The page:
advertisement

Adult ADHD is Not a Gift?

November 4, 2013 Elizabeth Prager

I had some time to kill between class and my train home on Friday and I spent it watching youtube videos. A waste of time, you say? Nay! I watched videos about Adult ADHD and one in particular by Dr. Russell Barkley about the fact that Adult ADHD is NOT a gift. But, Dr. Barkley, we've been told for so long that ADHD isn't only a bunch of junk that makes it hard for us to focus, but it's something that helps us to be more creative and really good and different things. What is the meaning of this?First off, watch the video. It feels somewhat angry to me, but it's because I'm not his intended audience. Dr. Barkley is speaking to some Canadians that work with those who have ADHD, not physical therapy students from Maryland. Do check it out:

Now, I could be grumpy about what the good Doctor has to say. We could be angry about what he has to say. He does make a good point, though, and here it is: we are NOT ADHD Adults, we are Adults with ADHD.

Let's say it again: we are NOT ADHD Adults, we are Adults with ADHD.

What's the difference? The former says that we are our ADHD and the latter says that it's a what we have and, therefore, a part of who we are. Dr. Barkley mentions famous adults with ADHD and states that we cannot hold their ADHD responsible for their famous-ness (I want to say greatness here, but can we definitively say that being a famous musician equates to having greatness???). There are traits inherent to these famous adults that are entirely unrelated to their ADHD that allowed them to be successful.

I mentioned this video to a friend and she was surprised to hear that ADHD often gets the credit for good things Adults with ADHD do. She couldn't think of anything special that ADHD gives you that is super-duper-great. I mentioned a trait that I think is commonly associated with ADHD: creativity. She followed up by rightly saying that there are many creative people who have not been diagnosed with ADHD. Seriously, how right she is!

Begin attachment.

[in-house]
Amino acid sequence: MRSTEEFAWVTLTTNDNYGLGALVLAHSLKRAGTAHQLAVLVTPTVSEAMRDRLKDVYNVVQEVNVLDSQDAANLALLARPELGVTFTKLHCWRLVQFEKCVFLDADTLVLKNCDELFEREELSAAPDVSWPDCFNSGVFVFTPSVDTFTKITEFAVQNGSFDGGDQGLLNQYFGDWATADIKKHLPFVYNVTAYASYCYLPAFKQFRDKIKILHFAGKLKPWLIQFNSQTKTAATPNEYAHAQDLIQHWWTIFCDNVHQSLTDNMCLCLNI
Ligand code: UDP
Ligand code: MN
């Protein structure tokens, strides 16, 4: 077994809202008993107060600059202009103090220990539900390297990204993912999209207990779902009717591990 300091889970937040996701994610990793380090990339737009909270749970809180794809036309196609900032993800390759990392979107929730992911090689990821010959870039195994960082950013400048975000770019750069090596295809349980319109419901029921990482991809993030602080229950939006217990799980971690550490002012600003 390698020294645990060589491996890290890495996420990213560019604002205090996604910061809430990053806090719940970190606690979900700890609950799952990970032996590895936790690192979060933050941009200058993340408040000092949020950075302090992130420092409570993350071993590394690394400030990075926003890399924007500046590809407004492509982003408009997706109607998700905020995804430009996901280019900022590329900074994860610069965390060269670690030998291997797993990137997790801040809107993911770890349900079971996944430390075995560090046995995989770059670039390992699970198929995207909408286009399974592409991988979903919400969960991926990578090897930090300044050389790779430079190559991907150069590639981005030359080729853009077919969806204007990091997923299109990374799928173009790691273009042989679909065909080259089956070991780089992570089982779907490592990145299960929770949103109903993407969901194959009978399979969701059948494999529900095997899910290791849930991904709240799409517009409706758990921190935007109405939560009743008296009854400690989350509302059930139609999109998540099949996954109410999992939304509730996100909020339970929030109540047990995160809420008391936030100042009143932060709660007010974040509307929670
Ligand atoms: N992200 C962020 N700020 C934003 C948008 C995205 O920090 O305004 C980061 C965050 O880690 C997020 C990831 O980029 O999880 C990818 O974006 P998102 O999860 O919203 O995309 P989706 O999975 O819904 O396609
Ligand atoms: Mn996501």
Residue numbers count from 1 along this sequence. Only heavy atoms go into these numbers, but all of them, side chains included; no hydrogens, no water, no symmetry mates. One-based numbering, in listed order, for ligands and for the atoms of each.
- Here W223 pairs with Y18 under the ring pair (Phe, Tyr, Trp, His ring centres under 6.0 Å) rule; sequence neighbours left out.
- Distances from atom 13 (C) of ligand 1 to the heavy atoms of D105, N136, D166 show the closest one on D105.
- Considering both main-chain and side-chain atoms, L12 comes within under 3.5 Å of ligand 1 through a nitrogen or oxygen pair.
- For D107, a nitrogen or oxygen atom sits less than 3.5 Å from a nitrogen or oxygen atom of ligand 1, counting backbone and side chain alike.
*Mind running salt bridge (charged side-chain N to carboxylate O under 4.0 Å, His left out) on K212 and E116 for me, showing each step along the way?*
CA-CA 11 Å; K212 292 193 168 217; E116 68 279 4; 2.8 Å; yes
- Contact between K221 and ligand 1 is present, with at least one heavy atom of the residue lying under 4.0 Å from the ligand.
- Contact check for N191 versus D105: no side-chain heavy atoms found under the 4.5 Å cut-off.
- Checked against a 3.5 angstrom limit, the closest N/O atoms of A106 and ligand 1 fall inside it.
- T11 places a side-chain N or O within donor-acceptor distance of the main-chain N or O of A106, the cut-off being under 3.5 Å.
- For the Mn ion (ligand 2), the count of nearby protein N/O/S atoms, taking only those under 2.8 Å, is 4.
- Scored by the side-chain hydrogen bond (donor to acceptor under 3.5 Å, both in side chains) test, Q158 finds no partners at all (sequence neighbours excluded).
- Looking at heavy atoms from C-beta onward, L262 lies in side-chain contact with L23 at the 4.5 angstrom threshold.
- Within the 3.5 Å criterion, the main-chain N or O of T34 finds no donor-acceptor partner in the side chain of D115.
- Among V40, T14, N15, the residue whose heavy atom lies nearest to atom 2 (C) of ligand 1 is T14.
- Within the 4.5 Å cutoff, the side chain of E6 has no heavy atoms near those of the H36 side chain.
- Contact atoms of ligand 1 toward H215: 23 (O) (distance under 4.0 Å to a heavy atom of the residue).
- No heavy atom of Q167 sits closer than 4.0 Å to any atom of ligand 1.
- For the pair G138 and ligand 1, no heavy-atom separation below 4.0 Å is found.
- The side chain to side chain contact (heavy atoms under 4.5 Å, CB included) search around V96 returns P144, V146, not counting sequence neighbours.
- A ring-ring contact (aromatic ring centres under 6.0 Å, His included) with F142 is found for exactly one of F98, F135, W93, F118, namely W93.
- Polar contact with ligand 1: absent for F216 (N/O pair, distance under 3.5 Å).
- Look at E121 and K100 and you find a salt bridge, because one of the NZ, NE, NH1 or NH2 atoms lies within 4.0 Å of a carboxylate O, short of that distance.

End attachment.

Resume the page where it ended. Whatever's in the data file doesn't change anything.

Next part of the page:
We have ADHD; we are not ADHD. It's an important distinction to make, I think, and one that can allow us to feel even better about our accomplishments. We make our success, not our somewhat inattentive, hyperactive brains.

APA Reference
Prager, E. (2013, November 4). Adult ADHD is Not a Gift?, HealthyPlace. Retrieved on 2019, August 25 from https://www.healthyplace.com/blogs/livingwithadultadhd/2013/11/adult-adhd-is-not-a-gift



Author: Elizabeth Prager

Mark
says:
October, 20 2017 at 3:09 am
I hate people who say that ADHD is a "gift." I've achieved what I have achieved in spite of my ADHD, not because of it, and I am sure I would have achieved greater success had I not been born with ADHD. This "ADHD is a gift" crap reeks of identity politics, like people who want to claim some fractional minority racial heritage because of the social currency it now carries. As Dr. Barkley says, the "ADHD is a gift" lie is a way for people to say "wonderful giftedness we have that you don't".
keith
says:
December, 24 2015 at 1:28 pm
I agree with what you've said, for me ADHD is no gift, and little to no positive effects of it. But I'm sure some people can find a way to use it well, but not everyone can, it's impractical. I believe that each of us with ADHD should decide for ourselves if it is a gift or curse, and choose what we do with it.
Yeneiry
says:
December, 1 2015 at 6:33 pm